There are two parts to this answer.
Firstly, PfP doesn’t ask questions. Instead, it presents pairs of neutrally-worded statements; respondents choose between the statements. It does this because asking an individual open or closed question, or asking for a rating, creates a risk that the respondent will try to give the response they think will lead to the best survey outcome. PfP’s pairwise comparison approach has been independently proved to produce statistically accurate and more objective. Paired choices make it virtually impossible for a respondent to second-guess the intent of the assessment.
Secondly, the statements. Unlike some personality quizzes that claim to represent the wisdom and teachings of a single source (for example Karl Jung), PfP’s foundations lie in a rich tapestry of well-researched and reviewed works of myriad scholars from throughout history. For example the Transactions profile and the Team Roles profile are based in part on the work of Eric Berne, a Canadian scholar and author of such works as Games People Play, Transactional Analysis and The Structure and Dynamics of Organisations and Groups. The Action Style profile, which is about action planning, is based in part on ten principles of warfare (often applied to business).
Further reading: Assessing behaviour, not personality
Definitely not! Profiles for People is not a personality test. In fact it was developed specifically as a viable alternative to tests and quizzes that focus on personality as their basis of assessment.
At PfP it is a strongly held belief that personality-based tests are placing an emphasis on human elements that -by and large – don’t directly affect on-the-job performance.
Furthermore, it’s unlikely that answering a personality quiz will provide meaningful insights into the complex nature of individuals and groups. Peoples’ behaviours vary greatly depending on circumstances, situational context, and others with whom they interact.
PfP respects and celebrates these differences, delivering detailed insights into 144 separate behavioural factors, each one represented not as a binary “is or isn’t” outcome, but in terms of a spectrum.
Profiles for People is a behavioural preference analysis system. It bases its assessments around the notion that on-the-job performance can be better depicted in terms of what people and groups do – behaviour – rather than why they do it – psychology.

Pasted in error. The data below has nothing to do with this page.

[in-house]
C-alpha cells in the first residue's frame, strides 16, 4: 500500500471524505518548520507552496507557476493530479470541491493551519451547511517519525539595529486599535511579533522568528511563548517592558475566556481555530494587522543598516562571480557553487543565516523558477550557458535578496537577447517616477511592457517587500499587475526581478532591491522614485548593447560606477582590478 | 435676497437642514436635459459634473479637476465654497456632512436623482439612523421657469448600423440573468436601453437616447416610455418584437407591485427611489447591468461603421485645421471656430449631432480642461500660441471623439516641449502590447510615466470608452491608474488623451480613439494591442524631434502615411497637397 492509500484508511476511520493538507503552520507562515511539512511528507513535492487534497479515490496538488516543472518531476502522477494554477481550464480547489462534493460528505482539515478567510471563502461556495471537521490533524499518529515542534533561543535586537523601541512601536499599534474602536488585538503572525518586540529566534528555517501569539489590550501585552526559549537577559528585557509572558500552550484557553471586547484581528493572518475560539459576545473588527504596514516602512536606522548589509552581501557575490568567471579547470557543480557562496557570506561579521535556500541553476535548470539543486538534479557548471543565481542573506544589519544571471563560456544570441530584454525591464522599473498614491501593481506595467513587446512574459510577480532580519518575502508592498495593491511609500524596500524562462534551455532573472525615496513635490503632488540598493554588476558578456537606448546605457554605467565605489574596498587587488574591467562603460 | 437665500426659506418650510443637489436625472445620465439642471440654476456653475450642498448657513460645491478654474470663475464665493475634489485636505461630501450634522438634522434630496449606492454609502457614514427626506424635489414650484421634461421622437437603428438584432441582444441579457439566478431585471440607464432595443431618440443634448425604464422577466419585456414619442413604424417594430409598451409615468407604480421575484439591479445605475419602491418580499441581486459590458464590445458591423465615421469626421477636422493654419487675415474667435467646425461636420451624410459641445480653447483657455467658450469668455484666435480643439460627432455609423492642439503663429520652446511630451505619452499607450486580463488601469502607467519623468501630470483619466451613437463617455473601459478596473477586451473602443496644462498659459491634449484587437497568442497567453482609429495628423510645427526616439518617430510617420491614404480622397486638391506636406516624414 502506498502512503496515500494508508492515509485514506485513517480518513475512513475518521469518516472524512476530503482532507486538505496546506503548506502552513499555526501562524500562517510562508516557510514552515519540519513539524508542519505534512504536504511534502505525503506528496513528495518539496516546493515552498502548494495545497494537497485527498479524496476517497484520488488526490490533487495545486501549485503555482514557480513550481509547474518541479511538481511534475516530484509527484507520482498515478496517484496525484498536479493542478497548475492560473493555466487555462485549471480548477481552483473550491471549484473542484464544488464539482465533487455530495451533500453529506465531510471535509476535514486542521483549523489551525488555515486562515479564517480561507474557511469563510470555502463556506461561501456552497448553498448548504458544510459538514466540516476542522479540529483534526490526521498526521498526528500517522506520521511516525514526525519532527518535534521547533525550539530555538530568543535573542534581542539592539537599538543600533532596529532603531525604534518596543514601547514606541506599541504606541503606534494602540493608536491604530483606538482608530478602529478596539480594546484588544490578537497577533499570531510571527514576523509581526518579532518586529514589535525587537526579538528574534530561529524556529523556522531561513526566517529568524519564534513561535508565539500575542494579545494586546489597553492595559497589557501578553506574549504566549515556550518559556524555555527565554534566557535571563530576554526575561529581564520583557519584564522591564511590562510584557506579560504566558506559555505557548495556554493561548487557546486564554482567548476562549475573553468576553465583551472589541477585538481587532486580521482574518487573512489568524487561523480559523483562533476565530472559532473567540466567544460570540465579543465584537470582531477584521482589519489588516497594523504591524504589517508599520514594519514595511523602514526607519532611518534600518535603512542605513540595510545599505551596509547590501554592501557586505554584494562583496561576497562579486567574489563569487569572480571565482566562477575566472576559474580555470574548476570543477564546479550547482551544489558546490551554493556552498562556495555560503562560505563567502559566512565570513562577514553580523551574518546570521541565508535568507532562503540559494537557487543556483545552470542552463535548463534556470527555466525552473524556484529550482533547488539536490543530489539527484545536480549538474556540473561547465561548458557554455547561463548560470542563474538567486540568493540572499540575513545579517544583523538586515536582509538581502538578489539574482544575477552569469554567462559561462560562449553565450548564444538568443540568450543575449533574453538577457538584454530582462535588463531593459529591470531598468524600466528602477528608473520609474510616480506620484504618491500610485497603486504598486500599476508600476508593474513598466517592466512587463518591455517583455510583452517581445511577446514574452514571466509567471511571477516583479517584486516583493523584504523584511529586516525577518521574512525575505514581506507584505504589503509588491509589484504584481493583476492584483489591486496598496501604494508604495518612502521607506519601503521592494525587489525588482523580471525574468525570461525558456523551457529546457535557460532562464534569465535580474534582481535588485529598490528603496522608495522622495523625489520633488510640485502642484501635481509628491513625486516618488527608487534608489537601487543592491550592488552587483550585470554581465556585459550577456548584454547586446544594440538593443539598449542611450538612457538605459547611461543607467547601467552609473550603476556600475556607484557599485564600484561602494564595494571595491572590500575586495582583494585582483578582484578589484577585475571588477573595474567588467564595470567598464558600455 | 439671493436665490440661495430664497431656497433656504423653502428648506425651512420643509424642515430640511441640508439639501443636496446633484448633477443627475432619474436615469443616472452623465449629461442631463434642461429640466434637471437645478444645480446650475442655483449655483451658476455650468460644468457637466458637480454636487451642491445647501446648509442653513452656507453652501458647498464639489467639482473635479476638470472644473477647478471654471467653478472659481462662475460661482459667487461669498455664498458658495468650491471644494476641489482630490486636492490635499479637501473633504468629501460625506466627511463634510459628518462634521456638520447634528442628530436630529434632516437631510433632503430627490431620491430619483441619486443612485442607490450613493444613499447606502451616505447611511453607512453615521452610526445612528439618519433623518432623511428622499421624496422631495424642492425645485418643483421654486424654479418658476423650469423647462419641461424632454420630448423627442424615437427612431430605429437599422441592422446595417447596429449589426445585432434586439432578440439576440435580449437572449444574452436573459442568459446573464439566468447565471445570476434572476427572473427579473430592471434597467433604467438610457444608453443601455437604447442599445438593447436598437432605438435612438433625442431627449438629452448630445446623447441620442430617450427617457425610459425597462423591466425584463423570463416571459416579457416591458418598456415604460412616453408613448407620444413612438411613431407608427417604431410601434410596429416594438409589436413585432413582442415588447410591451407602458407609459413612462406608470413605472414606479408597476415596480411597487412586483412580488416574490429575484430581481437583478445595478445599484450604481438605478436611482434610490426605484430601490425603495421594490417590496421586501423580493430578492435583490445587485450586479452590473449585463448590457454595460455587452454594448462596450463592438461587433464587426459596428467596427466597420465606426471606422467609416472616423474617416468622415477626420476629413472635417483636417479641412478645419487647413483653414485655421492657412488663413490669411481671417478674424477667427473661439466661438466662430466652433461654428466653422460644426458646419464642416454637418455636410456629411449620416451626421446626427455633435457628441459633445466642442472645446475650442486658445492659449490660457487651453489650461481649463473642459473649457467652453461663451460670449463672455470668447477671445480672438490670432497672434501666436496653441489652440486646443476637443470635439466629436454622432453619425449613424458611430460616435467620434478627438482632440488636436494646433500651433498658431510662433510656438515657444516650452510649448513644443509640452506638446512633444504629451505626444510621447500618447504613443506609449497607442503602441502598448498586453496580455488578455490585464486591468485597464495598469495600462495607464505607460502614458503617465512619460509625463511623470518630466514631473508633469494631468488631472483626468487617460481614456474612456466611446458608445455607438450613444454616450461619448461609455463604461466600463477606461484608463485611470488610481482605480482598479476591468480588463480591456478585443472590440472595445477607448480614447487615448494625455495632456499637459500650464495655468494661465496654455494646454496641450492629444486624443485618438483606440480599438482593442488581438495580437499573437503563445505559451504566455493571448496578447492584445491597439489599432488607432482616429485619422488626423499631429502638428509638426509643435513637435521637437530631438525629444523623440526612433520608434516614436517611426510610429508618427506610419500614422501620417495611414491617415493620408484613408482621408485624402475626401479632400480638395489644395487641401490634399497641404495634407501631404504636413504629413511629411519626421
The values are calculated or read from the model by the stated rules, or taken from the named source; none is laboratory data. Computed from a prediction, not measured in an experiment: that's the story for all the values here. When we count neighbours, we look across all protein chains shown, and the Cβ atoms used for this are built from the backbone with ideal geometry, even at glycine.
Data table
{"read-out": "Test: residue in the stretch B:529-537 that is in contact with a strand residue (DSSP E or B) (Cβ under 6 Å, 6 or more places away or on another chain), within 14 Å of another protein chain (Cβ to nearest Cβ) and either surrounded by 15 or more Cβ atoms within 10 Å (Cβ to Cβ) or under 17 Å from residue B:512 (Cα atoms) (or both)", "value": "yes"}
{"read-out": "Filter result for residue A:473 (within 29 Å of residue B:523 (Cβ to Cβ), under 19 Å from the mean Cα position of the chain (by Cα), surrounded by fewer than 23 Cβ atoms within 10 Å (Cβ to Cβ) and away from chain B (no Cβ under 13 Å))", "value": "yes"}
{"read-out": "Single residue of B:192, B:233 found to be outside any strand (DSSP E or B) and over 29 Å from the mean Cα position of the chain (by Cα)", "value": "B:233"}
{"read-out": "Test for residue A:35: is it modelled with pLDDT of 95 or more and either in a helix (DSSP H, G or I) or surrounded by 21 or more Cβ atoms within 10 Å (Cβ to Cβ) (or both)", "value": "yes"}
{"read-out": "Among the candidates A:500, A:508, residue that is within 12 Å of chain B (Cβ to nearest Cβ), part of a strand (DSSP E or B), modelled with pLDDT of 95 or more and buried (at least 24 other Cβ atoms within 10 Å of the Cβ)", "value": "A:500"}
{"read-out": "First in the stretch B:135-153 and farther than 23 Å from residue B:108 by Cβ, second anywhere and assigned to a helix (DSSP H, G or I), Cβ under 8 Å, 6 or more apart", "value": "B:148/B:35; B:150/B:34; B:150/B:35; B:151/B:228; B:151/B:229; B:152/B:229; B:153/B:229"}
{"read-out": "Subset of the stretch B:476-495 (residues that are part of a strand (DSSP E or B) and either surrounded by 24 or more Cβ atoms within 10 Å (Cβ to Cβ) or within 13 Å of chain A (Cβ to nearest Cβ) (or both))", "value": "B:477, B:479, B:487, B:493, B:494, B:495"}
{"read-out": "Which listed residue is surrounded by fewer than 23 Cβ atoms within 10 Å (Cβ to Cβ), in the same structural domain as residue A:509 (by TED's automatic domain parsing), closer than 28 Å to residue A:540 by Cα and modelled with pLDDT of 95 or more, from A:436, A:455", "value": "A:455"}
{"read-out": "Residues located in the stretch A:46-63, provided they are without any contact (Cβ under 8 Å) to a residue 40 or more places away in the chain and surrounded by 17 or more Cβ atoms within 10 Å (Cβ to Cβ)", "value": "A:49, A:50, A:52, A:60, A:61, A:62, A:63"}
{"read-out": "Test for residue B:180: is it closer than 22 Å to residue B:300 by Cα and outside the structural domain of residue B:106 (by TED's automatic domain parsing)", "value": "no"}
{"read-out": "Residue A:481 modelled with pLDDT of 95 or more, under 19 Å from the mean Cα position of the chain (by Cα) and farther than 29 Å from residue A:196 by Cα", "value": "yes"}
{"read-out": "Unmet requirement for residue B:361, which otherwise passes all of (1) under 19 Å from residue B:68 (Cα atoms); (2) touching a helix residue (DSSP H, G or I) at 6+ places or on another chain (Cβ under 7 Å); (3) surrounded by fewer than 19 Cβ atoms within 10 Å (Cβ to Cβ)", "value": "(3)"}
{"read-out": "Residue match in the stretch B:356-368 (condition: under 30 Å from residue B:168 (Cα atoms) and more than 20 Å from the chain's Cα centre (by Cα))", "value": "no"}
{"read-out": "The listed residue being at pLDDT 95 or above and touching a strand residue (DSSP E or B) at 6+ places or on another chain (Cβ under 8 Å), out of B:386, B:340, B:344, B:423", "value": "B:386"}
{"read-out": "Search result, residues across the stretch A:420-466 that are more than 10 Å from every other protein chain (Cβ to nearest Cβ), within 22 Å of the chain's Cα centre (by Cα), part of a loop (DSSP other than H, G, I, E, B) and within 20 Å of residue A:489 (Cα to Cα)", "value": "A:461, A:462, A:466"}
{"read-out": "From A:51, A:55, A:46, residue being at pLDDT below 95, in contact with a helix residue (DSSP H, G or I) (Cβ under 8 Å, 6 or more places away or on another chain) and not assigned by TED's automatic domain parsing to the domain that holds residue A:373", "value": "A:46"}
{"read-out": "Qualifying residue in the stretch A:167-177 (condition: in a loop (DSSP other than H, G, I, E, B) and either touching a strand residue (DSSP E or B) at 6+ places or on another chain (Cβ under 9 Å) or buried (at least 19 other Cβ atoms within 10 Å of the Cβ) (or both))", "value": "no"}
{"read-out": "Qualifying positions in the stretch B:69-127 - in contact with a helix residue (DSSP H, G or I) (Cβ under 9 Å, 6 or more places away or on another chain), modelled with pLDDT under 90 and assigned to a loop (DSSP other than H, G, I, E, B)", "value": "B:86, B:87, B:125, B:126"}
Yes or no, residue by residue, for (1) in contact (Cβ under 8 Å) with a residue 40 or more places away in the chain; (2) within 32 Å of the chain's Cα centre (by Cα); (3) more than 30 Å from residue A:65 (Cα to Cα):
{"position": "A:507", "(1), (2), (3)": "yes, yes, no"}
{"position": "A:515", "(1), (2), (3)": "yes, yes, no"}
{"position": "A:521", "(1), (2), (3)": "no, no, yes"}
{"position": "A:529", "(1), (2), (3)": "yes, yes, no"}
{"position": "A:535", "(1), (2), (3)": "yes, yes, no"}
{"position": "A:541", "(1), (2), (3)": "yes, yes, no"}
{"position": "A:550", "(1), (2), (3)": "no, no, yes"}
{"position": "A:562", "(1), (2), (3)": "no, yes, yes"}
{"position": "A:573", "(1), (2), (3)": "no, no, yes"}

We strongly believe that in a business context, an approach based around observable behaviour is more practical for assessors (who themselves are unlikely to be qualified in psychology or in measuring personality traits).
Fun FAQs (1)
Yes. Mike Dakin (the creator of PfP) served with the New Zealand Security Intelligence Service at exactly the same time the United States Federal Bureau of Investigation was developing specialised surveys and assessment tools at the FBI’s Behavioral Science Unit, within the Training Division at the FBI Academy in Quantico, Virginia.
Popularised in the hit Netflix series Mind Hunter, the FBI developed its assessments using techniques such as pairwise comparison – the same methodolgy used to create PfP!
Mike Dakin – nowadays a retired Royal New Zealand Artillery officer, Vietnam veteran and management consultant – created Profiles for People in the late 1970s.
Mike joined the New Zealand Army just prior to New Zealand’s involvement in the Vietnam War, and was posted to Vietnam where he was promoted to Captain. Deeply affected by his war experiences, and now opposed to New Zealand’s involvement in Vietnam, he resigned his commission in 1967.
Growth and Development
He joined the New Zealand Security Intelligence Service in 1967, but he was already developing an interest in the business world and was soon acting as an employers’ senior advocate with the New Zealand Employers’ Federation.
Mike represented the Federation at the International Labour Organisation conference in Geneva in 1972, and from 1973 to 1979, he held executive personnel management positions in major NZ companies. In 1979, he founded his own specialised consulting group, focused on Organisational Development, Systematic Management and Behavioural Change.
He served three terms as Vice President of the New Zealand Institute of Management between 1989 and 1992.
PfP is born
Dissatisfied with the behavioural assessment tools available, and discounting those based on ‘personality’ concepts, he set about developing a suite of surveys and reports that he called Profiles for People (PfP). He later launched The Professional Management Consulting Group Ltd (Promana) in 1979.
PfP quickly gained popularity in the New Zealand corporate sector, with executive uptake in large corporations such as Telecom NZ (New Zealand’s largest company at that time). The PfP system provided a compelling consulting backbone which underpinned the firm’s offerings for thirteen years.
PfP remains unparalleled as a complete method for improving organisational performance and achievement.